The Labeling Theory of Deviance
The labeling theory arose from the study of deviance. Deviance focuses on the tendency of a group to label one as violating the cultural norms of society. No action is deviant unless specified by society. (Labeling Theory in Deviance Research) Deviance is labeled by someone or a group that is in position of power. These labels that are put on people can be positive or negative. The labels that people are given can effect their own perceptions of themselves and also others. These labels can either push people into deviance or can push them into conformity. (Labeling Theory in Deviance Research) Most types of deviance are in the negative form and are violent or criminal related. Strain theory plays a major role in why people become deviant. The theory explain that the outcome of social strains lead to deviance. This also has to do with how the society is structured. An act that someone performs could be considered deviant in one society based on their norms and be considered normal in another society. For some people deviance is a way for them to manage the strain. (Sociology Index: Labeling Theory)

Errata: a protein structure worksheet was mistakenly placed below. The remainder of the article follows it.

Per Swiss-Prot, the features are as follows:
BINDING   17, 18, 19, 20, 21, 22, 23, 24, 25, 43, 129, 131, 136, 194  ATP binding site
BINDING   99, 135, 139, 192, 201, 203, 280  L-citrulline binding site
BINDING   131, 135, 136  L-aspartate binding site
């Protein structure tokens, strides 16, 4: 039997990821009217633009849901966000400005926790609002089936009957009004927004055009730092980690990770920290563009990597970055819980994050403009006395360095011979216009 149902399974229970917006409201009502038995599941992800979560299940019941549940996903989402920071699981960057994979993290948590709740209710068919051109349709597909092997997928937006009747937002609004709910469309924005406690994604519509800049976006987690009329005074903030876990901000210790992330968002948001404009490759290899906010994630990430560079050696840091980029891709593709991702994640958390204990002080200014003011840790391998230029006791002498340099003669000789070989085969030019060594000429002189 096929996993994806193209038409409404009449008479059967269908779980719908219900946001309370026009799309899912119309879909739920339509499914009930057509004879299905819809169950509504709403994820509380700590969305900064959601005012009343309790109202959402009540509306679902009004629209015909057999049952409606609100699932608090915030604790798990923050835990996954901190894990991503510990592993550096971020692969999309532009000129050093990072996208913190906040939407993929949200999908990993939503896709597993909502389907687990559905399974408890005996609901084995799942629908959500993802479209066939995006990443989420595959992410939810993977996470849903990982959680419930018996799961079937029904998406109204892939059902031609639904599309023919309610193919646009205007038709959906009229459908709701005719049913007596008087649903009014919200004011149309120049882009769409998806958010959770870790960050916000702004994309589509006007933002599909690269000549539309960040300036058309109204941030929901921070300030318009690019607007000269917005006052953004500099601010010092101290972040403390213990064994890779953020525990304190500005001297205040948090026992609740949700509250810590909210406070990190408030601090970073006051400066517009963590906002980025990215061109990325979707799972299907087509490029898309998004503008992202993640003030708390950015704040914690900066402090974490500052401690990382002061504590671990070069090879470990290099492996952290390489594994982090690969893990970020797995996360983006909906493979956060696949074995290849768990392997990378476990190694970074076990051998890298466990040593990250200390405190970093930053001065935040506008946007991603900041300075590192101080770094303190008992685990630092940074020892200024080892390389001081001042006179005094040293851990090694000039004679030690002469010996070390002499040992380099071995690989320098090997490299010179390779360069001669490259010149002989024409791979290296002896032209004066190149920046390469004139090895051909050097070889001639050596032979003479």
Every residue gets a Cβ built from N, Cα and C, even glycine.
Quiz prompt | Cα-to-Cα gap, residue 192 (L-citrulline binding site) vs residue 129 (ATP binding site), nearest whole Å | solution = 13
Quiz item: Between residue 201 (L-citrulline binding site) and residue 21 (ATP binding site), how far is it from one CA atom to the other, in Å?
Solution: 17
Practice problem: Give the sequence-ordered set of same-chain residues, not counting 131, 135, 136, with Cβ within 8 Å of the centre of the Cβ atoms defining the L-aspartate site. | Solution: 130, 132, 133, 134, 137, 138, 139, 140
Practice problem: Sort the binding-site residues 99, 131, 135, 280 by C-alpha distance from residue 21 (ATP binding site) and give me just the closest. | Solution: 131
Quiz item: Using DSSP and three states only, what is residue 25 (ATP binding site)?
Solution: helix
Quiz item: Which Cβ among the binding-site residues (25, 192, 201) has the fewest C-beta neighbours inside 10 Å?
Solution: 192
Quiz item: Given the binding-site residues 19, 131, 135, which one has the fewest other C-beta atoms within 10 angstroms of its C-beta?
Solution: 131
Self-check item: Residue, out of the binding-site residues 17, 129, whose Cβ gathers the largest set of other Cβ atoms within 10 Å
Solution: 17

There is a big difference between primary and secondary deviance. Primary deviance relates to ones first act of deviant behavior. Primary deviance does not result in a person receiving a deviant identity. Secondary deviance is any action that takes place after the primary deviance as a reaction to the person as a deviant. (Sociology Index: Labeling Theory) Edwin Lemert developed the idea of primary and secondary deviance as a way to explain the theory of labeling. Primary deviance is any act by a person that is considered deviant. When the person commits a crime he or she will be socially penalized. By being punished, the person does not necessarily stop committing crimes. He or she may commit the same primary deviance again; however this brings even harsher reactions from the society. Eventually the...
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